Clonazepam Use, Abuse, and Addiction

Clonazepam use, abuse, and addiction

Clonazepam is a benzodiazepine and it marketed under names like Klonopin and Rivatril. It contains properties that act as a muscle relaxant and anticonvulsant. Clonazepam is a fast acting and a long lasting drug; therefore, a user does not need many doses per day.

Short Prescriptions

Doctors normally prescribe this drug for no more than four weeks. This is because Clonazepam users can develop a tolerance very quickly and an addiction will likely follow. The effects felt from Clonazepam are calming and relaxing, as a result, people tend to abuse it, if they do not quit their abuse, they may develop an addiction to the drug.

How a Person Abuses Clonazepam

People who abuse Clonazepam may have been given a prescription for panic disorder, OCD, or even epilepsy. Users taken it for these conditions may begin to feel like they need the drug to function properly, and instead of quitting, they change doctors to get a new prescription. Other people may abuse it by buying it online or on the streets. In both situations, users have begun to abuse Clonazepam; they most likely have developed a tolerance to the drug and have had to increase their dosage at least one time.

What Does Clonazepam Abuse Mean?

Clonazepam abuse means to either take more of the drug than is prescribed or to take the drug for the effects that it creates. When a user begins to abuse Clonazepam, they are putting themselves at risk for health, family, and work related problems.

Abusing this drug can create an extreme “mental grip”; leaving the user to want more and more of the drug. If they do not quit their abuse at this point, it is almost guaranteed that they will develop an addiction.

Effects of an Addiction

The reason that this drug is only supposed to be taken for a relatively short period of time, is because an addiction can develop very quickly, especially when abused by using it in high doses, or for longer than prescribed.

When Clonazepam is used, the person may seem to have difficulty concentrating, confusion, and impaired motor and cognitive skills. When it is abused, and the effects of the drug start to wear off, the user may take more of it, in doing so, they will be developing a higher tolerance and a mental addiction at the same time. Depression and rapid mood changes normally accompany an addiction to Clonazepam.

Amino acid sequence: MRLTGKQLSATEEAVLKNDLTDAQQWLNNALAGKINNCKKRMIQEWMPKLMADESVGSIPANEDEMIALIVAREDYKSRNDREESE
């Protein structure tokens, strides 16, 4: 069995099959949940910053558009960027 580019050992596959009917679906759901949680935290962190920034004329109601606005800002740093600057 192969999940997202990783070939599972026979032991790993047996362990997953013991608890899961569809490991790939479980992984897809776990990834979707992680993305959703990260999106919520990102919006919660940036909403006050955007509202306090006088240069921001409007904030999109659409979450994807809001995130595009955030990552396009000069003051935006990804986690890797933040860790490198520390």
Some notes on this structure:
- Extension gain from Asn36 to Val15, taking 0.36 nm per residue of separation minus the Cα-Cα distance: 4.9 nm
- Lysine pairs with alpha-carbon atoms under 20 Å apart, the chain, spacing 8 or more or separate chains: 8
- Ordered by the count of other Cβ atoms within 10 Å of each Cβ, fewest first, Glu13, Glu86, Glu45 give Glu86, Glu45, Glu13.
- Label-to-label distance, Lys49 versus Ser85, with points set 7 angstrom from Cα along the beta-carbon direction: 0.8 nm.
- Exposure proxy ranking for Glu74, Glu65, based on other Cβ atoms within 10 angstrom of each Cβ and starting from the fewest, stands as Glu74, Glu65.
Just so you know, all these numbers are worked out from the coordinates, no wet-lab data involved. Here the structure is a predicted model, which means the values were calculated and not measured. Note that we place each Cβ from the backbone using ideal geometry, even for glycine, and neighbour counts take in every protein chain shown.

Physical Symptoms of an Addiction

Doctors say that one-third of people who use Clonazepam for more than four weeks will develop an addiction to the drug, this will serious affect the user’s body. Physical symptoms can start very fast with heavy abuse or addiction. Some of the physical symptoms can be very noticeable; such as, lack of coordination, dizziness, slurred speech, and lethargy.

Overdose

An overdose can happen at any time, the user does not need to abuse or have an addiction to the drug; however, an overdose on this specific drug is not very common. It should never be mixed with alcohol or other drugs, as this could create potentially harmful effects, it could even be fatal.

Withdrawal

When abused a tolerance will develop and then the use will most likely develop an addiction. Once the user has an addiction to Clonazepam, they will experience potentially severe withdrawal symptoms when the drug wears off.

Withdrawal Symptoms

These symptoms are very unpleasant and can make quitting very difficult. Some common withdrawal symptoms that are associated with Clonazepam abuse and addiction can include: seizures, hallucinations, aggression toward others, tremors, pain and cramped muscles, and insomnia.

Months or Years

Some withdrawal symptoms can last several months or years; such as, anxiety, insomnia, tinnitus, tingling and numbness in limbs, muscle pain and tension, cramps, weakness, and cognitive difficulties.

A Lifetime

In cases of extended abuse or even after a short period of addiction to the drug, withdrawal symptoms can last a lifetime. Lifetime withdrawal symptoms only occur in ten to fifteen percent of addicts; this is because of brain damage, which is usually irreversible.

Treatment for Clonazepam Abuse and Addiction

Detox

Anyone who has abused or has an addiction to Clonazepam will require a gradual weaning from the drug in order to avoid a painful withdrawal. If the user is opting for treatment, they will normally begin at a detox and then move on to a rehab centre.

Rehab Centre

At the rehab centre, they will continue to receive treatment for their addiction, work on any underlying problems, and learn various methods to live a drug free life.

We have the knowledge and tools to help you or anyone who has an addiction to Clonazepam or to any prescription drug. If you or someone you know needs help, please contact The Cabin Chiang Mai today.